toward science-and-engineering graduate schools, the nation still has
far to go, says Ms. Mitchell-Kernan, of UCLA's graduate division.
"There are still substantial gaps between the white, Latino, and
African-American populations."

The demographics of higher education are shifting in California, as
they are all across America, and will soon be dominated by minorities
that have traditionally steered away from math and science. That is
the challenge that higher education, from universities to two-year
colleges, must meet. And although no one can predict how many
scientists and engineers the nation will need in 20 years, everyone
agrees that the faces of those technical leaders will be far more
diverse than those of generations past, and that American universities
will scour the world for the best minds.
_________________________________________________________________

THE SCIENTIFIC WORK FORCE: IS THE BEAKER HALF FULL OR HALF EMPTY?

Some experts worry that the United States will face a shortage of
scientists and engineers because American institutions are producing
fewer doctorates in those fields. In the past, foreign citizens have
helped fill the gap, but visa restrictions since September 11, 2001,
have stemmed the flow of foreign students and postdoctoral researchers
into the United States.
Earned doctorates in science and engineering fields
Fever chart
Visas issued
Fever chart

Projected shortages, however, do not take recent trends into account.
For example, enrollment in science and engineering graduate programs
is rising. And job growth in many fields has not been as strong as
anticipated. Record numbers of chemists are currently out of work.
Graduate enrollment
Fever chart
Unemployment rate for chemists*
Fever chart
* As of March 1 each year

SOURCES: National Science Foundation; American Chemical Society
_________________________________________________________________

http://chronicle.com
Section: Research & Publishing
Volume 50, Issue 44, Page A10
_________________________________________________________________

Copyright © 2004 by The Chronicle of Higher Education

The Chronicle of Higher Education: Research & Publishing

>From the issue dated July 9, 2004

A Chinese University, Elite Once More

Tsinghua U., once stripped of its science programs, now competes with
America for graduate students

By JEN LIN-LIU

Beijing

...

As a result, a graduate degree from an American college is not the grand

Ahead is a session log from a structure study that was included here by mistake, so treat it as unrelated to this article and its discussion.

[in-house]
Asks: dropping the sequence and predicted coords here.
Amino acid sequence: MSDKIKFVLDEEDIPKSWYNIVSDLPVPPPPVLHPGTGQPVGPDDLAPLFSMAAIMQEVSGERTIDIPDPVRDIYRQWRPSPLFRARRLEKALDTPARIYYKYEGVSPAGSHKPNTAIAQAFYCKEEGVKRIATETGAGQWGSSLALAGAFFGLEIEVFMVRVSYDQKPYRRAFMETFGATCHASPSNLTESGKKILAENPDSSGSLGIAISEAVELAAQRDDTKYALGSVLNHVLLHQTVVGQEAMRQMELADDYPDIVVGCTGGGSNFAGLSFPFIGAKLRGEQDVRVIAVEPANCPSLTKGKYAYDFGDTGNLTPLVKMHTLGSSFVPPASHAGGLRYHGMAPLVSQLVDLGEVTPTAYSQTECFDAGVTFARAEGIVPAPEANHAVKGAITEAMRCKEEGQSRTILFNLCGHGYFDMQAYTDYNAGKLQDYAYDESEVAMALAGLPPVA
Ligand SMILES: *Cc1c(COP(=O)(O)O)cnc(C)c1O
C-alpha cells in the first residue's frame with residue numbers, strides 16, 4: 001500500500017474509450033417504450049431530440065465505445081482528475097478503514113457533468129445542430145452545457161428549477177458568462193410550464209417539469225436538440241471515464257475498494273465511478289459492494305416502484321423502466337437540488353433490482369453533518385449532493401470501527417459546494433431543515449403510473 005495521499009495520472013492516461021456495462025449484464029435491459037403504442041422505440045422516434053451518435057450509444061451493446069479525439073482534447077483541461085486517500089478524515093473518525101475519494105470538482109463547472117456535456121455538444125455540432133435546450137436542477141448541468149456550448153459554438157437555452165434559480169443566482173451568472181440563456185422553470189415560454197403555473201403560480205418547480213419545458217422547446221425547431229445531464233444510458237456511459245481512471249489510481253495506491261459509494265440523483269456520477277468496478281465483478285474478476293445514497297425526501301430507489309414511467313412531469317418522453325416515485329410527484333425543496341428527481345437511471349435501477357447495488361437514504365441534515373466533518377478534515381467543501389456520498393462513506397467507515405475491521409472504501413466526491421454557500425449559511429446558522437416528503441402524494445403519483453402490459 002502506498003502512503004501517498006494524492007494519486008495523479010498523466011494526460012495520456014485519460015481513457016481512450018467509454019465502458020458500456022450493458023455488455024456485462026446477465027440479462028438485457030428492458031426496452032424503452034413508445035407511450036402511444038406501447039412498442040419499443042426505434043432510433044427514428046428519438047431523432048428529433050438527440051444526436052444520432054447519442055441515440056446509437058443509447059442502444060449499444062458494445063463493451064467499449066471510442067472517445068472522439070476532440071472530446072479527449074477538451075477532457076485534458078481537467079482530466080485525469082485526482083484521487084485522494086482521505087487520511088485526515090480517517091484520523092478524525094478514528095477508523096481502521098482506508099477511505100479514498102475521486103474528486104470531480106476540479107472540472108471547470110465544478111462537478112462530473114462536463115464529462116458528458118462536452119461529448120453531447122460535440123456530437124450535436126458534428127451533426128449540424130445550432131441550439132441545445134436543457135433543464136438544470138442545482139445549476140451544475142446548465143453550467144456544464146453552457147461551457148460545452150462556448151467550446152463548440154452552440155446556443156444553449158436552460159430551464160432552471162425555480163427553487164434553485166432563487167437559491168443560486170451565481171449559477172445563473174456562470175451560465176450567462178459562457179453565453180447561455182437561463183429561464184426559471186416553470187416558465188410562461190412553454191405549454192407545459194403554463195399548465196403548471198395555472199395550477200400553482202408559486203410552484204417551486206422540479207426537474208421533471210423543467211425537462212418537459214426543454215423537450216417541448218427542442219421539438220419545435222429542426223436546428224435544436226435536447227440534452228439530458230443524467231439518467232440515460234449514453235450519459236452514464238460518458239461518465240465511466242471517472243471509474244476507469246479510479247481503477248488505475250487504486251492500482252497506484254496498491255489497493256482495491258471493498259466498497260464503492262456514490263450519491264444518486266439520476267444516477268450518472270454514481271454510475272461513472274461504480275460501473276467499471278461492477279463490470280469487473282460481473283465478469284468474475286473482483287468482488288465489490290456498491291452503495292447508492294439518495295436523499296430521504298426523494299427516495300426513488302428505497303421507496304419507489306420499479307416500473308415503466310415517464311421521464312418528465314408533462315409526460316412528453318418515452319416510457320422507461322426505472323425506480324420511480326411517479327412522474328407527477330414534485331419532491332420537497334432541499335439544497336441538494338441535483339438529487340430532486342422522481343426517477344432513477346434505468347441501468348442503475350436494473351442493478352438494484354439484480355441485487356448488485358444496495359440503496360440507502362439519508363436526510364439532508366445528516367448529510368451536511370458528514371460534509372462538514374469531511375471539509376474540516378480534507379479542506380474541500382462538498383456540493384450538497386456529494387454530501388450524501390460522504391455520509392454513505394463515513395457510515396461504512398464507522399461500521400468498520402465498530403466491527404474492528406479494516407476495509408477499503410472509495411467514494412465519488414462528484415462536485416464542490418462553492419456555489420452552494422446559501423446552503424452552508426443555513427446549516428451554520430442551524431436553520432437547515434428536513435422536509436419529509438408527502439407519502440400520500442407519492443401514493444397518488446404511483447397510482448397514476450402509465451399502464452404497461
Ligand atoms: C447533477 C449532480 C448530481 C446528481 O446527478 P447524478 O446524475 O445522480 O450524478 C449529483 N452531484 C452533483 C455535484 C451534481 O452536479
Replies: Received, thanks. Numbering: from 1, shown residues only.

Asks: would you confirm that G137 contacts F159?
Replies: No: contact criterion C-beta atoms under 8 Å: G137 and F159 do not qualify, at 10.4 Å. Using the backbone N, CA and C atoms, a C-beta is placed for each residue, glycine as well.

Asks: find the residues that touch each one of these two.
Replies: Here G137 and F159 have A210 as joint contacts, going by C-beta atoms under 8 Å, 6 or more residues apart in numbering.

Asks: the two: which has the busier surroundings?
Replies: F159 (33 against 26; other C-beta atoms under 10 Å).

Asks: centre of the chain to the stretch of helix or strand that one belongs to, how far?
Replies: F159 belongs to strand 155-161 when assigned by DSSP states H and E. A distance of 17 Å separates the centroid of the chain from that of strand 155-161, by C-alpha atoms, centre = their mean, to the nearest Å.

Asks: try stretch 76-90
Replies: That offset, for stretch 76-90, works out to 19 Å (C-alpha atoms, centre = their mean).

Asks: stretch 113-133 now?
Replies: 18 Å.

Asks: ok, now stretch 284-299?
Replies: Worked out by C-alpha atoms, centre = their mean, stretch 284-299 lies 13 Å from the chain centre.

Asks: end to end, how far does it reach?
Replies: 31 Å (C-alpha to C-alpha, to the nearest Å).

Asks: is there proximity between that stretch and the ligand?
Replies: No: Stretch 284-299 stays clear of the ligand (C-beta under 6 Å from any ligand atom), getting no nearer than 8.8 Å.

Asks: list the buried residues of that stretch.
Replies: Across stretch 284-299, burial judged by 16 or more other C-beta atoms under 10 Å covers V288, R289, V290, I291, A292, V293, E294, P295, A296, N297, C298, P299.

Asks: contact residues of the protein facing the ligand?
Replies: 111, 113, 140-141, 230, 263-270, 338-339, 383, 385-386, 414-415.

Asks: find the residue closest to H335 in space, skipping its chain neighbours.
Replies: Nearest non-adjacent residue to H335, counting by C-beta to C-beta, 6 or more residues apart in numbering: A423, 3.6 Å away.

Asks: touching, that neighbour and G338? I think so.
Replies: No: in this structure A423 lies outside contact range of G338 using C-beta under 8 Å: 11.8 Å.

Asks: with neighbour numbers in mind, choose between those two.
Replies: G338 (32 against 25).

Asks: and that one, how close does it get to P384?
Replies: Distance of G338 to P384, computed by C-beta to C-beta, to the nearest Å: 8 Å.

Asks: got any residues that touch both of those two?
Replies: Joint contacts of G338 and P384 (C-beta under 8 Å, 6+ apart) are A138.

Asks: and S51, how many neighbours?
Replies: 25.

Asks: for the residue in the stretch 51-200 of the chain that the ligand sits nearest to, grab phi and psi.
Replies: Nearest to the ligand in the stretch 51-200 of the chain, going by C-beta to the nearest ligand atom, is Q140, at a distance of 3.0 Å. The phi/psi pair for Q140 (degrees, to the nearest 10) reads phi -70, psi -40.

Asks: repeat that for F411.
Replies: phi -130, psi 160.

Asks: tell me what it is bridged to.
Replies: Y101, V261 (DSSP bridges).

prize that it once was among science students at the university [Tsinghua in
China] who now take a more nuanced view toward the opportunity to go abroad.
"A lot of students would prefer to remain at Tsinghua rather than go to a
lesser-known university in America," says Zhang Quyong, a professor in
applied mathematics at Tsinghua.

A decade ago, Mr. Wen points out, 60 percent to 70 percent of students in
Tsinghua's science departments chose to go to the United States to earn
master's degrees or Ph.D.'s in the sciences. This year only about 20 percent
of students graduating from his department have opted to do that, while more
than half will remain in China for their education. That group includes the
department's top two students.

Minimizing Risk

Students used to have a "herd mentality" when it came to studying in the
United States, says Liang Heng, a Ph.D. student in applied mathematics
at Tsinghua. But now he and his classmates no longer think of doing so as
"always the key to success," he says. "There's a lot of educational
opportunities here. It's more about making an individual choice."

Several factors have influenced this reversal. According to policy at
Chinese universities, students cannot apply to graduate programs here
and in the United States at the same time. Before the admissions
process begins, they must choose one path or the other. As the United
States has tightened visa procedures in recent years, more Chinese
students have decided to enroll in domestic graduate schools rather
than risk having their visa applications denied. A survey conducted by
the U.S.-based Council of Graduate Schools this year found that
applications to American universities by Chinese students dropped 76
percent for the fall of 2004 from the previous year.

Students are also less inclined to leave as China's standard of living
improves. They have "a more balanced idea of what the United States
is," says Li Jin, an applied-mathematics professor at Tsinghua. "China
is becoming more democratic, human rights are valued more, and the
economy is good."